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District Court of Appeal, Fourth District, California.

STEINER v. DAVIS (two cases).

Civ. 1535, 1604.

Decided: December 06, 1935

E. W. Miller, of Los Angeles, and Lester G. King, of San Bernardino, for appellants. Hert & Withington, of San Bernardino, for respondent.

The appeals in these two actions were ordered consolidated and have been submitted upon one set of briefs. The legal principles involved in the two actions are identical and, for convenience, the facts in but one of the cases will be referred to.

In this case a second amended and supplemental complaint containing nine separate causes of action was filed on June 16, 1931. A demurrer was filed on June 22, 1931, alleging as to each of the nine causes of action that the same did not state facts sufficient to constitute a cause of action. On July 6, 1931, this demurrer was sustained as to the first three causes of action and overruled as to the other six. On July 23, 1931, an answer was filed to each cause of action from the fourth to the ninth, inclusive. On May 16, 1934, a purported demurrer to the first three causes of action was filed together with a stipulation that it be forthwith submitted. On the same day an order was entered sustaining this demurrer and giving the plaintiff 15 days in which to amend. On June 19, 1934, the judgment which is here appealed from was entered reciting that this demurrer had been filed with a stipulation that it be submitted forthwith, that the court had sustained the same on May 16, 1934, giving the plaintiff 15 days within which to amend, and that no amendment had been filed. It was then ordered, adjudged, and decreed that the plaintiff take nothing by her cause of action, and that the defendant recover his costs.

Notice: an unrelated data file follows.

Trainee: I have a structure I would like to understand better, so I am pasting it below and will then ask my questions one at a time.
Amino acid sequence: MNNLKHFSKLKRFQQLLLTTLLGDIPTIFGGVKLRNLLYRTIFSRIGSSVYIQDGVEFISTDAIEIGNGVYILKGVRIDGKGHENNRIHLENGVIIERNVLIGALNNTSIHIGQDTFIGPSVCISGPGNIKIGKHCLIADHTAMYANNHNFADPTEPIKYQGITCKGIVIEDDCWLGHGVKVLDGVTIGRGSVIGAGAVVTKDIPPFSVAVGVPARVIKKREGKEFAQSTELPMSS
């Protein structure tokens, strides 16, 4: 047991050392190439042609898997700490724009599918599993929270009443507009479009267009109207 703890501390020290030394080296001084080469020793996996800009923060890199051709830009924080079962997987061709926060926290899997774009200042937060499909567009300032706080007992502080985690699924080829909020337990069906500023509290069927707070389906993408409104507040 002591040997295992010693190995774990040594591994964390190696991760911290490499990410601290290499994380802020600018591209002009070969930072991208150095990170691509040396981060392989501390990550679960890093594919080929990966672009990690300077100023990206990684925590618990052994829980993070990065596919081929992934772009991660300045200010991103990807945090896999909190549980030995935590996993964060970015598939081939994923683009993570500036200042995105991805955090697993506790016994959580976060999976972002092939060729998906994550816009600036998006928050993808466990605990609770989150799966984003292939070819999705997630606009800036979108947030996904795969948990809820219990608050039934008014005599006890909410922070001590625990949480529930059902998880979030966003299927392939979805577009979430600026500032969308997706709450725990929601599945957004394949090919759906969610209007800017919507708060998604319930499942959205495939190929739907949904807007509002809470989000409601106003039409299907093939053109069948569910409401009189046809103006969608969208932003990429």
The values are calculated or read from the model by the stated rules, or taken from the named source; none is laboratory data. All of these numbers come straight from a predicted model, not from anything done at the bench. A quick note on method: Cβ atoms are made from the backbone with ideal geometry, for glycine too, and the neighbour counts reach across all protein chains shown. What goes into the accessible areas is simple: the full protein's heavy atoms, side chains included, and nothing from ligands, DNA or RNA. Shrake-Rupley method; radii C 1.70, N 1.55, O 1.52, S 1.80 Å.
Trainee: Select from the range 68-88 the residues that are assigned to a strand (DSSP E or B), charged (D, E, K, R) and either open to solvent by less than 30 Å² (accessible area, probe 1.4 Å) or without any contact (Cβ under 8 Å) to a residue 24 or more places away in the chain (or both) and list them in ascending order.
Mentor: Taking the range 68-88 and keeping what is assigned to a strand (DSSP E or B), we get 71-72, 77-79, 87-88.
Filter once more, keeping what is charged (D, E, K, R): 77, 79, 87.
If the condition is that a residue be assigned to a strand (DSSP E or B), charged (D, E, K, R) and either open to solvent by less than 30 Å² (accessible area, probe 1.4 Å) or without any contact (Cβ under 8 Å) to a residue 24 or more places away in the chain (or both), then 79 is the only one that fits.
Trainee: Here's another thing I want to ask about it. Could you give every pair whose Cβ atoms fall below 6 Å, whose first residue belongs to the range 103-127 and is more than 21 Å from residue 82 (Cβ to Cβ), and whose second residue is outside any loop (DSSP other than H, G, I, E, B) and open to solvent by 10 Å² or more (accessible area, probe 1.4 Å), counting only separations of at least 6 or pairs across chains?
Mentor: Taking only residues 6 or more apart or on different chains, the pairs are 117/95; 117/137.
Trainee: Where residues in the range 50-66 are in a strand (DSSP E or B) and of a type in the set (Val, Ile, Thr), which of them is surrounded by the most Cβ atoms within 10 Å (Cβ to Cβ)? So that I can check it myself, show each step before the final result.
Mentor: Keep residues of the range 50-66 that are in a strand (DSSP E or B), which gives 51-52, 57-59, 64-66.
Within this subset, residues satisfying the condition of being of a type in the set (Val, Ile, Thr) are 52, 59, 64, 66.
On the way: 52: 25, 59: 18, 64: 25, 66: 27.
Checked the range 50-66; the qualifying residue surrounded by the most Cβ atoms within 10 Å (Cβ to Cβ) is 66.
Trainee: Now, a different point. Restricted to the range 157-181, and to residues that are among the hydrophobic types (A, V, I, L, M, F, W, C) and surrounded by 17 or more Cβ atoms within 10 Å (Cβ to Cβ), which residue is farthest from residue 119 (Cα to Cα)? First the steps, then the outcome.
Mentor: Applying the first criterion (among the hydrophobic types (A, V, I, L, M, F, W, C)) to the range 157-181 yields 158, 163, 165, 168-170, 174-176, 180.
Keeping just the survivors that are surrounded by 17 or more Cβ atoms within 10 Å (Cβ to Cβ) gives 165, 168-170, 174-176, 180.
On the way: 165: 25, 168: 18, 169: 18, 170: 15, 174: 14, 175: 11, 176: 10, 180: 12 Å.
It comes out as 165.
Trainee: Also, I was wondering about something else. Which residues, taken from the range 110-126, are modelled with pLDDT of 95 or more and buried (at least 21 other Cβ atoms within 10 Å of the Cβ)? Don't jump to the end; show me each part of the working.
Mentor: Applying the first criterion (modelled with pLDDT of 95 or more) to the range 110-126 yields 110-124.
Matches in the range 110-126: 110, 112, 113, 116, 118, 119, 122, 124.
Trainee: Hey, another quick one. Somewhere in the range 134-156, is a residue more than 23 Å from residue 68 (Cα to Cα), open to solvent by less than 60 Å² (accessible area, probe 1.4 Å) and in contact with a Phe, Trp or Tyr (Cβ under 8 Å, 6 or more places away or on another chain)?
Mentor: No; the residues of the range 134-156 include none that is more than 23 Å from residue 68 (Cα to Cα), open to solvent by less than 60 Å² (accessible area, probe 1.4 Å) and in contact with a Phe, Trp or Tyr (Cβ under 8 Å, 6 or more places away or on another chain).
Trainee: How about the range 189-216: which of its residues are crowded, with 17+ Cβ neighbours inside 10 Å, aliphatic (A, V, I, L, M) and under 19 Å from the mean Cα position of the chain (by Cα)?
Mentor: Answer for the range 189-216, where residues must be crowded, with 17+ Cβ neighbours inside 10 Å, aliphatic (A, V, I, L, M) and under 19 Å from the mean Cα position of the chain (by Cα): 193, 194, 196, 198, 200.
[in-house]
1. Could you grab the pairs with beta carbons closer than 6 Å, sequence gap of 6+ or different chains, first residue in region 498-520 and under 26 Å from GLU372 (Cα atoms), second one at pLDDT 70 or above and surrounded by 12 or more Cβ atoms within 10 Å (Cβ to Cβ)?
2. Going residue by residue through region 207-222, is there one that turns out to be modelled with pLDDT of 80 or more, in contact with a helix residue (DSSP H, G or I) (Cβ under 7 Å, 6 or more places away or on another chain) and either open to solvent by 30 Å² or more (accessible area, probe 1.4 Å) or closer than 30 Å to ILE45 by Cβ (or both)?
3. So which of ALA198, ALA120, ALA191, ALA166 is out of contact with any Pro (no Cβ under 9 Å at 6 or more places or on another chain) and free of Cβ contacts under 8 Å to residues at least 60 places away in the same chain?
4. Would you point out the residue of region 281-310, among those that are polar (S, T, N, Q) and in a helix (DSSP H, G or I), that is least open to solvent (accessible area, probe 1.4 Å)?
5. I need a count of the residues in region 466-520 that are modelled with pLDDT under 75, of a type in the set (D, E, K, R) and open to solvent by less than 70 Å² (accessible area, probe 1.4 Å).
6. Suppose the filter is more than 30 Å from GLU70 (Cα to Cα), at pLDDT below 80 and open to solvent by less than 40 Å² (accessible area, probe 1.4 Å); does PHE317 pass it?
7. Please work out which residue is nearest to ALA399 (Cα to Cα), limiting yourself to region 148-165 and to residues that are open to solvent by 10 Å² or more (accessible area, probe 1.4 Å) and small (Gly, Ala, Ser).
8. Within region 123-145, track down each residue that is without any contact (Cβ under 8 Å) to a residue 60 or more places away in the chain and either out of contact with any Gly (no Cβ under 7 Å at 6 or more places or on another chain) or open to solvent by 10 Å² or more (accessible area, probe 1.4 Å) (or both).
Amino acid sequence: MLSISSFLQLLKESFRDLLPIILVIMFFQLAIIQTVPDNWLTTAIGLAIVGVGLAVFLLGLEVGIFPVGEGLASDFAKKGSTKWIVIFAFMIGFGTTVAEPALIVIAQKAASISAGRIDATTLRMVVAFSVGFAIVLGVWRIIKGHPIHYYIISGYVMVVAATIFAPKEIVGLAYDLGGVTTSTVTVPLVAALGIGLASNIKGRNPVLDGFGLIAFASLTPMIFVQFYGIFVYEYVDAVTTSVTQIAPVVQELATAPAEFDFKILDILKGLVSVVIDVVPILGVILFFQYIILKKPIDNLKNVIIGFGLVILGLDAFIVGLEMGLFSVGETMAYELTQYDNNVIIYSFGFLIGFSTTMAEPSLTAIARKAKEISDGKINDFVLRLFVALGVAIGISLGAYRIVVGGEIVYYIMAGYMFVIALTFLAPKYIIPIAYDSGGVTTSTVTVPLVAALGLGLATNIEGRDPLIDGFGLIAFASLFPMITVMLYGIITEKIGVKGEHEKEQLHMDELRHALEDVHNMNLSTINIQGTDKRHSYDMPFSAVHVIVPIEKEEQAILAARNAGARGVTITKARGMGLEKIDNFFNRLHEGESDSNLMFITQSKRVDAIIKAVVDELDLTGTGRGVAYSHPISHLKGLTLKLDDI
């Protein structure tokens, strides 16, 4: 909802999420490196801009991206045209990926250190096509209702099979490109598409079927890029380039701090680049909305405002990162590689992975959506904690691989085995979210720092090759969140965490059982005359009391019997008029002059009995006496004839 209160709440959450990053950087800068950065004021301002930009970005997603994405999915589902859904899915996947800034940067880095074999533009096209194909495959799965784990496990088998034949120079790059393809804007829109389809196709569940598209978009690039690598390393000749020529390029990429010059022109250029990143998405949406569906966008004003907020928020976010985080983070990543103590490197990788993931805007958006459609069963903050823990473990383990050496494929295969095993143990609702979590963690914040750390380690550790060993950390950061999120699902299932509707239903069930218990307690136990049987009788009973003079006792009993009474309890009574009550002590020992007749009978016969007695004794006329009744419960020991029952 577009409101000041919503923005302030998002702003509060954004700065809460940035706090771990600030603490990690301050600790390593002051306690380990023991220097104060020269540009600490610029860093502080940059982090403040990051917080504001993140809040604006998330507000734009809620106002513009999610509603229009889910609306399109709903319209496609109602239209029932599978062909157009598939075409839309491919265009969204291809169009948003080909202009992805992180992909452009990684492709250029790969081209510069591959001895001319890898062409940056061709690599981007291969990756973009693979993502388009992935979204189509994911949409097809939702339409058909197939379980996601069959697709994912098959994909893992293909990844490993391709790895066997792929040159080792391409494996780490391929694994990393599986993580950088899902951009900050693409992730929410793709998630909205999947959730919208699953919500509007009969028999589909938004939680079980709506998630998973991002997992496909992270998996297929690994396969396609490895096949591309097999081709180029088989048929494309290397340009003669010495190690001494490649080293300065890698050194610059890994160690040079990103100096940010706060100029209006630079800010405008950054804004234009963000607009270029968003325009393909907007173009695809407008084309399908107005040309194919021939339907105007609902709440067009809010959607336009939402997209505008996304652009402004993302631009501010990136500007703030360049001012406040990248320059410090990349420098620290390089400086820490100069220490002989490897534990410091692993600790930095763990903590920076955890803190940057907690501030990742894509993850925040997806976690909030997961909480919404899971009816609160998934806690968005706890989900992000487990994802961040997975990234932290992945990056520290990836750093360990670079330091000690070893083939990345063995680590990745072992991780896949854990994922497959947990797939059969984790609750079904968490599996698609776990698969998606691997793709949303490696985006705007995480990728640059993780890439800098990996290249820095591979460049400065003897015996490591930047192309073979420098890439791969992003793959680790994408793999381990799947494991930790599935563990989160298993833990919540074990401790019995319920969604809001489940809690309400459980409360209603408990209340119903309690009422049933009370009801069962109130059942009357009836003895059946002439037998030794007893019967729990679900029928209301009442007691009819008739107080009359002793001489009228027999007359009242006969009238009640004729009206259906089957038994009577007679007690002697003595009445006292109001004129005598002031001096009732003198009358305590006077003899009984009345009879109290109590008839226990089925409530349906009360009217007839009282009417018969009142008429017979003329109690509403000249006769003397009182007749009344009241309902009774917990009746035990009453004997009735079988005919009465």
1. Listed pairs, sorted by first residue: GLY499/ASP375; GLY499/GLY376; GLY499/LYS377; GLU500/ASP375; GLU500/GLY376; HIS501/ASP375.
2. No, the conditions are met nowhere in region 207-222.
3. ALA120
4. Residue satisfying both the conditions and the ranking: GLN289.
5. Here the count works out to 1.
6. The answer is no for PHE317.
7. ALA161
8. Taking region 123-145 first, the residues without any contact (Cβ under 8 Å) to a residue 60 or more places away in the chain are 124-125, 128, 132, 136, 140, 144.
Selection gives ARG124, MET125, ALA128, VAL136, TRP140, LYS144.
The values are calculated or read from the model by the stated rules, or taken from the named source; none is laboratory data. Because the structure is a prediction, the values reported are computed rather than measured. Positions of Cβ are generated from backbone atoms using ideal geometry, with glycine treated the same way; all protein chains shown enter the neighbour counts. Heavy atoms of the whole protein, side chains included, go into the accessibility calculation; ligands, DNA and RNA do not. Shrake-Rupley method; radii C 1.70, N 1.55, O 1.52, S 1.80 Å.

It would appear that there was no basis for the demurrer filed on May 16, 1934, since the court had previously sustained a demurrer to the first three causes of action which were alone mentioned and involved in the last demurrer. But an answer had been filed in the other six causes of action, the issues in which remained undisposed of at the time the purported final judgment was entered. The law contemplates but one final judgment in a cause, and the court erred in entering a judgment before the final disposition of the entire cause. De Vally v. Kendall de Vally O. Co., Ltd., 220 Cal. 742, 32 P.(2d) 638. The judgment entered, purporting to dispose of the entire case, was both premature and erroneous.

For the reasons given, each of the judgments appealed from is reversed.

BARNARD, Presiding Justice.

We concur: MARKS, J.; JENNINGS, J.

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